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"Canada can, within a positive friendly atmosphere, ask the Chinese government to resolve the Tibetan situation."

China targets Arunachal in war over Dalai trip

September 15, 2009

Times of India - 15 September 2009
by Manas Paul & Nirmalya Banerjee

AGARTALA/KOLKATA: Beijing seems to be mixing muscle and rhetoric to bully
India into not allowing the Dalai Lama's proposed visit to Tawang. On
Monday, it shed the garbs of polite diplomacy to question not just India's
wisdom but the status of "so-called Arunachal Pradesh", a perpetual thorn in
Sino-Indian relations.

Over the last few days, Communist Party-controlled `Global Times', which has
spearheaded China's diplomatic attack so far, quoted foreign ministry
spokesperson Jiang Yus statement opposing the Dalai Lama's visit to the
"so-called Arunachal Pradesh" saying, "China holds a persistent stance on
Arunachal Pradesh, which is a part of Chinese territory but India has made
it clear that it won't stop the exile from making the visit."

It also quoted a TOI story from Sunday, that said India's possible decision
to let the Dalai Lama go ahead was certainly a step forward from 2008, when
it stopped him, wary of angering the Chinese.

Zhao Gancheng, a Chinese expert and director of south Asian studies at the
Shanghai Institute for International Studies, told Global Times, "The
continuous instigation will not only harm bilateral ties, but also do no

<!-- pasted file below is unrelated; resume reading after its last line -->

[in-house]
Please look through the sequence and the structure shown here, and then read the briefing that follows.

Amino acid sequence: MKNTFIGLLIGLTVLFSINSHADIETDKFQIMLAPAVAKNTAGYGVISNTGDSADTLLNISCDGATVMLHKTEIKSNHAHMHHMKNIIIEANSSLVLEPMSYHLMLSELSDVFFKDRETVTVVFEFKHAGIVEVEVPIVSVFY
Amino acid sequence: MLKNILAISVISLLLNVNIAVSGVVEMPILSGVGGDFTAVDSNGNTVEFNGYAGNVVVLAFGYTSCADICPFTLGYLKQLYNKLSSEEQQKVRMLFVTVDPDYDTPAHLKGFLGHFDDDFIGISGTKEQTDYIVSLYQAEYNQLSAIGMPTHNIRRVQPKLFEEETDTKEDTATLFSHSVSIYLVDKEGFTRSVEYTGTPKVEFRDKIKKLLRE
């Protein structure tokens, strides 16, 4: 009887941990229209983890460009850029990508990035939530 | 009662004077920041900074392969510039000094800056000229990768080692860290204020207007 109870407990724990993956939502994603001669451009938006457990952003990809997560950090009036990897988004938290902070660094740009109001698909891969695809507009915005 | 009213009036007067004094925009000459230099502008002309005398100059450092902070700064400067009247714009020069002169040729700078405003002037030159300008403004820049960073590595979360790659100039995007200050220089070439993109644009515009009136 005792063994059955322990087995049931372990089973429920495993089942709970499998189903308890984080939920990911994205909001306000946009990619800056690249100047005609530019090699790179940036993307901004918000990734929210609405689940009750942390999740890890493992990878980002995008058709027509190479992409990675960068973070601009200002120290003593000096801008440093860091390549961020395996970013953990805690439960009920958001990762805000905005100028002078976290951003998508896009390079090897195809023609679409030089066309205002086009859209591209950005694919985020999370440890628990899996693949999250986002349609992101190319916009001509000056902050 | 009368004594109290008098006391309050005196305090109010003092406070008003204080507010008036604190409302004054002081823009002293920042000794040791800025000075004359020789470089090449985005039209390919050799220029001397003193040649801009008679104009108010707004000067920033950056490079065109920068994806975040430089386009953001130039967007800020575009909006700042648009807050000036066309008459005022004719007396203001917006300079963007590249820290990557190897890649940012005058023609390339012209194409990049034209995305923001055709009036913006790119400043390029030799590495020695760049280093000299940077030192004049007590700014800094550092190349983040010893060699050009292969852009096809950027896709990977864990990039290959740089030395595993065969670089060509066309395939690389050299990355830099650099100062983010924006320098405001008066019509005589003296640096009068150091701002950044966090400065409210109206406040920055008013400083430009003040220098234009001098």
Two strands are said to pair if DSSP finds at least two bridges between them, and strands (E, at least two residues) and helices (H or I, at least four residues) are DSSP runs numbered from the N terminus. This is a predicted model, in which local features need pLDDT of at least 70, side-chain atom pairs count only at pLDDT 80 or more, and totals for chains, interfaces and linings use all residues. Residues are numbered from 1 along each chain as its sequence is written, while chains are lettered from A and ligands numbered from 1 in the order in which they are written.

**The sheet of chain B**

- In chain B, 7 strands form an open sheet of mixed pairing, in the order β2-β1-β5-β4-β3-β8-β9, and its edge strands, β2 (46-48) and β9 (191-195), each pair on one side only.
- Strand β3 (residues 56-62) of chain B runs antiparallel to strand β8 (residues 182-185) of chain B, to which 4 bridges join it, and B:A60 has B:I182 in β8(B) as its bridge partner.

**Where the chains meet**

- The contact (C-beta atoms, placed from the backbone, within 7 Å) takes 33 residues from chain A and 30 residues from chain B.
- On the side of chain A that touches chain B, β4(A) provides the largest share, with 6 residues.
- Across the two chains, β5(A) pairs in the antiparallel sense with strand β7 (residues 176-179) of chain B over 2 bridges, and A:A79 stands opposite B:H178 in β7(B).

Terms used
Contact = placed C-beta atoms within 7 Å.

good to the settlement of the China-India boundary question. India's
encouragement of the Dalai Lama's visit betrays its promise to China to
oppose any anti-Chinese activities."

He echoed the Beijing view on the MacMahon Line, which marks the Chinese
border in Arunachal Pradesh. "The Chinese government never acknowledged the
legitimacy of the MacMohan Line and, until the 1950s, the Tibetan government
had tax records in Arunachal Pradesh,'' he said.

The people of Tawag, though, especially a handful of Buddhists there, fail
to understand how a diplomatic war can be fought over a man of peace. "We
had started preparing for his visit, but now we're watching," said former
Tawang district Congress committee chief Lobsang Lama. Local residents have
decided to write a memorandum in favour of the Dalai Lama's visit to the
Arunachal Pradesh government, which will be forwarded to the Centre.

Senior politicians in Tawang and West Kameng districts feel India must not
bow to China's bullying tactics. "What is the meaning of sovereignty if
China can stop the Dalai Lama from coming here?" asked MLA T G Rinpoche. The
Dalai Lama had no political programme in Tawang. He said the Tibetan leader
had no political programme in Tawang and would only inaugurate a hospital he
had helped build.

Both Tawang and West Kameng are predominantly Buddhist and local residents
are inspired by the Tibetan form of Buddhism. Tawang's native population is
almost entirely Buddhist. In West Kameng, Buddhists number to around 75%.
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